Some of this Country’s Best Tacos (No, Really) Are Served at a Seasonal Eatery in Painesville

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When the invitation to meet for tacos in Painesville arrived, we blindly assumed that we were headed for El Señor's, the fabulous taqueria tucked inside La Mexicana grocery store. When we bothered to actually read the invitation more than halfway into the journey, we learned that we were, in fact, bound for La Casita, an altogether different Latin grocery less than a mile away.

When we parked the car and circled around to the side of the building, I couldn’t believe the view. Beneath a large canopy was an arrangement of tables and chairs, a portable stainless steel hot line built around a large griddle, and a lengthy garnish table overflowing with colorful accoutrements. When I moved in close enough to see the food on somebody’s plate I immediately grew despondent – despondent because it took me so long to visit.
Marcos opened La Casita in 2006 with little more than a tortilla machine, which he used to craft the kind of fresh products he was used to back home in Mexico. He reinvested the money he earned by selling them to residents and restaurant owners back into the shop, refashioning it into a Latin grocery with a butcher shop. Given his experience with family taco stands back home, not to mention his wife’s knack for seasonings, a seasonal outdoor eatery made perfect sense.

From spring through fall, the transitory restaurant springs to life on a quiet side street on the edge of town. On weekends, singles, couples and entire families pop in for a delicious and affordable lunch or dinner. Orders are placed at the makeshift checkout counter and delivered to a pair of cooks manning the outdoor kitchen. There’s no menu, but you can count on tacos, quesadillas and tortas built around chicken, chorizo, tripe, tongue, al pastor and cabeza (cow head). Prices are $1.75 per taco, $3.50 per torta and $3.50 or $4 for a quesadilla depending on your choice of shell (flour or homemade corn).

When your number is called – often in Spanish – walk up and grab your plate from the cooks. For no extra charge the guys will toss in a roasted onion and/or a well-charred jalapeno pepper. Slide over to the garnish table for a wide selection of crisp, bright and crunchy toppings like cucumber salad, diced onion, radish quarters, chopped fresh cilantro, lime and a variety of salsas. Grab a cold Jarritos soda or water and find a seat at one of the communal picnic tables.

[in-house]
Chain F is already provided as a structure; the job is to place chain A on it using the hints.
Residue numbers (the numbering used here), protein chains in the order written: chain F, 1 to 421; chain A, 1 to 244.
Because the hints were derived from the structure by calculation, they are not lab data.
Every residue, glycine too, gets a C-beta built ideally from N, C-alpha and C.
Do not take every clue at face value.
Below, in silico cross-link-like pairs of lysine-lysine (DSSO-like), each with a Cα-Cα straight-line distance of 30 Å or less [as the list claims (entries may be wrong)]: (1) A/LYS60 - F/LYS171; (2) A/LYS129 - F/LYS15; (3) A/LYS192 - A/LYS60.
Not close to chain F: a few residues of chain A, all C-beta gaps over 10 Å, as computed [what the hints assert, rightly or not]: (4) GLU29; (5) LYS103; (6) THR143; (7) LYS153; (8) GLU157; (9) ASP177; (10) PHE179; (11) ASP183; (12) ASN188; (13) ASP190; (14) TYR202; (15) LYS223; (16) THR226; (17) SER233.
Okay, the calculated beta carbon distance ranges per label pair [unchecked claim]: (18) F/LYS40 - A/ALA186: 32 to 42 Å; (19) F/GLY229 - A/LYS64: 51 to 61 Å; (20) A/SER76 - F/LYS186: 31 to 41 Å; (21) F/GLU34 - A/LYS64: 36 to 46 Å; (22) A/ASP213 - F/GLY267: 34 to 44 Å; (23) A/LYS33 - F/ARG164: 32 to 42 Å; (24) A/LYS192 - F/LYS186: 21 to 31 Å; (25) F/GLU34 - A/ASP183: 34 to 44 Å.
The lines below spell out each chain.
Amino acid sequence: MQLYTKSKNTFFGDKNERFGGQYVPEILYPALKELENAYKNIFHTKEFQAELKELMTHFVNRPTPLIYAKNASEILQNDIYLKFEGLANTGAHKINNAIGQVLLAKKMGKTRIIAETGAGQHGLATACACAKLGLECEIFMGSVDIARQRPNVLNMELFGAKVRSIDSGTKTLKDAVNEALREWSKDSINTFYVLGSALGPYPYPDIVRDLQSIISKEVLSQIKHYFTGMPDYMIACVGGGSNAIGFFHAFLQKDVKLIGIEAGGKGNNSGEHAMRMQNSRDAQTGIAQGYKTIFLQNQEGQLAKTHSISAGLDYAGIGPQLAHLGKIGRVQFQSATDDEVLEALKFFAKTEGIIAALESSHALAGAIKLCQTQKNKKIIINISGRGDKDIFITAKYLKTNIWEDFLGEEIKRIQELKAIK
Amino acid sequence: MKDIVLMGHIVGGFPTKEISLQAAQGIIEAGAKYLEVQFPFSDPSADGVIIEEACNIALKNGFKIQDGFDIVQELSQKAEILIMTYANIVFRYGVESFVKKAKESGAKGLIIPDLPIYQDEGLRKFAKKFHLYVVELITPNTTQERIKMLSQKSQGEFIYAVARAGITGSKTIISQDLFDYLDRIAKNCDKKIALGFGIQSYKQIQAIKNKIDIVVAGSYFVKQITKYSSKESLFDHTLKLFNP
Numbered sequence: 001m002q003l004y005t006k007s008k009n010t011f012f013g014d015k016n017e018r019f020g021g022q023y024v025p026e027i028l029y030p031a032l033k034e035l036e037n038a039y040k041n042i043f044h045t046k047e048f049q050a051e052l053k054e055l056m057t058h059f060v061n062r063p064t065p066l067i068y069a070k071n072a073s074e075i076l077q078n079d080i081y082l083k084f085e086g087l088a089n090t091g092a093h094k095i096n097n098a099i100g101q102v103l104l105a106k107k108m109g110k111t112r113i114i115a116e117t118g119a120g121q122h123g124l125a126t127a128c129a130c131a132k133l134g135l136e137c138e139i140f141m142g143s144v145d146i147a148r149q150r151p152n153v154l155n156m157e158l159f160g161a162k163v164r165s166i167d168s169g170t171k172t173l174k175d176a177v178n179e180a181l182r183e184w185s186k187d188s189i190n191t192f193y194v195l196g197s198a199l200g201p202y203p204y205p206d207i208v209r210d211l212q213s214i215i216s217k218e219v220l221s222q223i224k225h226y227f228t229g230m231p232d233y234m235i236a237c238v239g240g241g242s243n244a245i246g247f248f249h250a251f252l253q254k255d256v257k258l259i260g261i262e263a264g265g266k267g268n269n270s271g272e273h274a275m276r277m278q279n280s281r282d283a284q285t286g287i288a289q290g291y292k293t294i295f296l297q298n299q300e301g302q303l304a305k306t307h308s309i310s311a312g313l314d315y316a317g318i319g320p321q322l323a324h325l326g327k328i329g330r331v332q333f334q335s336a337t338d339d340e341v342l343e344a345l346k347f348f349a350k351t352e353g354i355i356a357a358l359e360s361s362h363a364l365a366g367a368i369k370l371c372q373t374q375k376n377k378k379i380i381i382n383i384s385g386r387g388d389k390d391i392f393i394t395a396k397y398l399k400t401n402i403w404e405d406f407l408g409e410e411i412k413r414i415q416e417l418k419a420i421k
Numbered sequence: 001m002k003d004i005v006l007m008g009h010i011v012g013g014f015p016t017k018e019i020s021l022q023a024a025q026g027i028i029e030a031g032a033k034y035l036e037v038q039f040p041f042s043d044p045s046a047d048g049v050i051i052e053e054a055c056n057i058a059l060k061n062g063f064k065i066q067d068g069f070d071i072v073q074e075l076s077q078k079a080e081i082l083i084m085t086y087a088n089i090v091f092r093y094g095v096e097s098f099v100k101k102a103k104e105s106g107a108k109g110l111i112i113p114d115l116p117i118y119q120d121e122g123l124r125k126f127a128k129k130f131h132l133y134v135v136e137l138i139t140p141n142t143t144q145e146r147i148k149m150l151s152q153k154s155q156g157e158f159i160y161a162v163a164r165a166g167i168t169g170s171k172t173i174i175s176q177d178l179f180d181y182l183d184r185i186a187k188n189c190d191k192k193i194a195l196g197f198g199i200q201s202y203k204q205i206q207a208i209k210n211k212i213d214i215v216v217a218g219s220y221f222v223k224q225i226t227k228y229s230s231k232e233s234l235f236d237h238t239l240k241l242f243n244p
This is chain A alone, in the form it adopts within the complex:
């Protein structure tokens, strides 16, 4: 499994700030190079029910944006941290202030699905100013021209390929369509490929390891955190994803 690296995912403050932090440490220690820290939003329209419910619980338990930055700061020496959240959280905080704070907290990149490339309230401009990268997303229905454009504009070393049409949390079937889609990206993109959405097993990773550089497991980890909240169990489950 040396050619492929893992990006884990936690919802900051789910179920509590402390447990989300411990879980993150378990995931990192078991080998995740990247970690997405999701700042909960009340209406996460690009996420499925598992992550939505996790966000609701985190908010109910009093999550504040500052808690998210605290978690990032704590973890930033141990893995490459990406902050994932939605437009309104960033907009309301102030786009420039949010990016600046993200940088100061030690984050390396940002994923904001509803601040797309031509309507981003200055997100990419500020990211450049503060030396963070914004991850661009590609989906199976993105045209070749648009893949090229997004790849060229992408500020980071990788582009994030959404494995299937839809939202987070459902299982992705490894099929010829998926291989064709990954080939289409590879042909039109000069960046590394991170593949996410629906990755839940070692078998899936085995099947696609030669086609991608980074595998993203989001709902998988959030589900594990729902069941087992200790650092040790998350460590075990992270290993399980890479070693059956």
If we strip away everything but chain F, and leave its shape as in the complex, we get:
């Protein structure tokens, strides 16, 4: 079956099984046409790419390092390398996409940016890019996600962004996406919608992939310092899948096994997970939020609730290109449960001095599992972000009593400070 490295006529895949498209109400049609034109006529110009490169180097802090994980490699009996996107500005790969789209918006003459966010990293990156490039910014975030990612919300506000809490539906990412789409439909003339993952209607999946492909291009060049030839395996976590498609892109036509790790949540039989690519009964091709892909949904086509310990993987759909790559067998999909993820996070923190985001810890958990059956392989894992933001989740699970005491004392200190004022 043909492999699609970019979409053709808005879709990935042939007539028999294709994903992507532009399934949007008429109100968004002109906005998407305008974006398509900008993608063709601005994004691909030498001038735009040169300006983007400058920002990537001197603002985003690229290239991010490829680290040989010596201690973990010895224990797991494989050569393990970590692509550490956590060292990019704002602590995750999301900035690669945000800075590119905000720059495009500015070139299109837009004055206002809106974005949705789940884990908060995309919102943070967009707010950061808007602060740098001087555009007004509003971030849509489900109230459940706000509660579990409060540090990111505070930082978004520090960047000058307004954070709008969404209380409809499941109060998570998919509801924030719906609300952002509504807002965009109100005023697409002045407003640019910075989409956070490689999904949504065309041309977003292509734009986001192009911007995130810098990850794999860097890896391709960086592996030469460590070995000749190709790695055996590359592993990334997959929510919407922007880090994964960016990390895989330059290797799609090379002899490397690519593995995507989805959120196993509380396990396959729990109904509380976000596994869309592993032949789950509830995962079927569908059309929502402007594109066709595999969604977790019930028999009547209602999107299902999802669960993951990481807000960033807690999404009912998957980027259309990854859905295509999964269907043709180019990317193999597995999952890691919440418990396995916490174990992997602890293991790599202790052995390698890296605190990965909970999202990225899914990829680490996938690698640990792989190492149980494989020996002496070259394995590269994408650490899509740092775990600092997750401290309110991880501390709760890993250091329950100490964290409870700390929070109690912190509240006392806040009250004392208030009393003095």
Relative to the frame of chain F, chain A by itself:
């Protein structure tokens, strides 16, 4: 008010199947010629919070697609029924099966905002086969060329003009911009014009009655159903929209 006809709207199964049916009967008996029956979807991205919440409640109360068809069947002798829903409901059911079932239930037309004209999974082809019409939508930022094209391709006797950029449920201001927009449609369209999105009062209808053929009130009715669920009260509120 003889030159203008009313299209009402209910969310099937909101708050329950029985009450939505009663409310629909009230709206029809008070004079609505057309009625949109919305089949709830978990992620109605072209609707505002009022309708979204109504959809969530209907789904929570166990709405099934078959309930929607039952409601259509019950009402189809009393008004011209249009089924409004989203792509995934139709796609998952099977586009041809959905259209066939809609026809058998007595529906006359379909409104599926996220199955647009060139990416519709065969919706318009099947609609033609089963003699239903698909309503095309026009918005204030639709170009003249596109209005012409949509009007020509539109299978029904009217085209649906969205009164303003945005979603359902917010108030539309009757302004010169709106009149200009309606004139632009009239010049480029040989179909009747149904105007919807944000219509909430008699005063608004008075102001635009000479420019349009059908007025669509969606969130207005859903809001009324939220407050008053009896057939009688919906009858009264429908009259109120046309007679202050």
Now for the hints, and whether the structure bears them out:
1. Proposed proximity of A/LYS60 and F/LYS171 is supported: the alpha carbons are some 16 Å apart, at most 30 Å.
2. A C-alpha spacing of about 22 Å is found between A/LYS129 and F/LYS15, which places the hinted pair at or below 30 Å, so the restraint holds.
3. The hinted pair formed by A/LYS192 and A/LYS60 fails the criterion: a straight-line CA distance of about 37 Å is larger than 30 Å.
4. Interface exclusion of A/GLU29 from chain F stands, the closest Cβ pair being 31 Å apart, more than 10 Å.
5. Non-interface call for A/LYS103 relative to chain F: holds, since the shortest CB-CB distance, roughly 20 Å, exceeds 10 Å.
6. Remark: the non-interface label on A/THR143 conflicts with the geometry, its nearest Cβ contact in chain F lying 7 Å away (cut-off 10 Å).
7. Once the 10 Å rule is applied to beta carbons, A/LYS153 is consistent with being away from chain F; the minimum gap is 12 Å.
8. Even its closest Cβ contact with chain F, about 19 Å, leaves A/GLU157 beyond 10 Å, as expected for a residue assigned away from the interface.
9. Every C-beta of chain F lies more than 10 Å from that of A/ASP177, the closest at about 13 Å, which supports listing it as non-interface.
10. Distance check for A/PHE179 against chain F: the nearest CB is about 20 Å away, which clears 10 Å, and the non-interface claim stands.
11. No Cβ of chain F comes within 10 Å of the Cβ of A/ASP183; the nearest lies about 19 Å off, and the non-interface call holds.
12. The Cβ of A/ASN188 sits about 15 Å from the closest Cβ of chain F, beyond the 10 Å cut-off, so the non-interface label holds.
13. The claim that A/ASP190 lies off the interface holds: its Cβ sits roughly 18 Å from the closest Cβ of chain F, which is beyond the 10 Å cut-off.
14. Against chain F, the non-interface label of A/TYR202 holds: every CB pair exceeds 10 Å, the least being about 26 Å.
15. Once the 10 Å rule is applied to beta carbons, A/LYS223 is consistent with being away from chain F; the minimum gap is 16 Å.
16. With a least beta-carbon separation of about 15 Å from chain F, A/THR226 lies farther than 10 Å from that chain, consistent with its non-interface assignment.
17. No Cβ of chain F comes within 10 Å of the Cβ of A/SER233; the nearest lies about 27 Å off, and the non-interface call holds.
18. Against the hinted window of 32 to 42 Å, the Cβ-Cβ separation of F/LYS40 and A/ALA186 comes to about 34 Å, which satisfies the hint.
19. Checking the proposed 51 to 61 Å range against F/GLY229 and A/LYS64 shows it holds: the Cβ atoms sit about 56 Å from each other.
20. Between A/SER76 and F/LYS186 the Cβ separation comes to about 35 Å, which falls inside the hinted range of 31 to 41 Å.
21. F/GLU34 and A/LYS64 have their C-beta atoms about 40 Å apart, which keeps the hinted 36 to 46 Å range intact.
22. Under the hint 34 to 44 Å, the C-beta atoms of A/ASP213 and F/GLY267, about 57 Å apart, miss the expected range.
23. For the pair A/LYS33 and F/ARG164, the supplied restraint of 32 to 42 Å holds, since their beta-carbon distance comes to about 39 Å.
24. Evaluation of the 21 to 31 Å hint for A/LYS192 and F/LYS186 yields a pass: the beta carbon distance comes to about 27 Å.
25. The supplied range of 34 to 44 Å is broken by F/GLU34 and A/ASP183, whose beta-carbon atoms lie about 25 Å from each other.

It’s not hyperbole to say that the food here is every bit as good as or better than what’s found at countless similar spots south of the border. The fresh tortillas combined with the brilliantly seasoned meats and expansive selection of garnishes combine to create an experience as authentic as it gets in this country. That’s precisely why Mexican food lovers from as far afield as Lorain, Toledo, Columbus and Pennsylvania make regular pilgrimages to this very spot.

When visiting, pop into the shop to purchase a wide variety of imported products, fresh meats and, of course, the housemade tortillas that started it all.

La Casita’s outdoor eatery is open Fridays 4 p.m. to midnight, and Saturdays 9 a.m. to midnight and Sundays 9 a.m. to 11 p.m. (weather permitting).

About The Author

Douglas Trattner

For 20 years, Douglas Trattner has worked as a full-time freelance writer, editor and author. His work on Michael Symon's "Carnivore," "5 in 5" and “Fix it With Food” have earned him three New York Times Best-Selling Author honors, while his longstanding role as Scene dining editor garnered the award of “Best...
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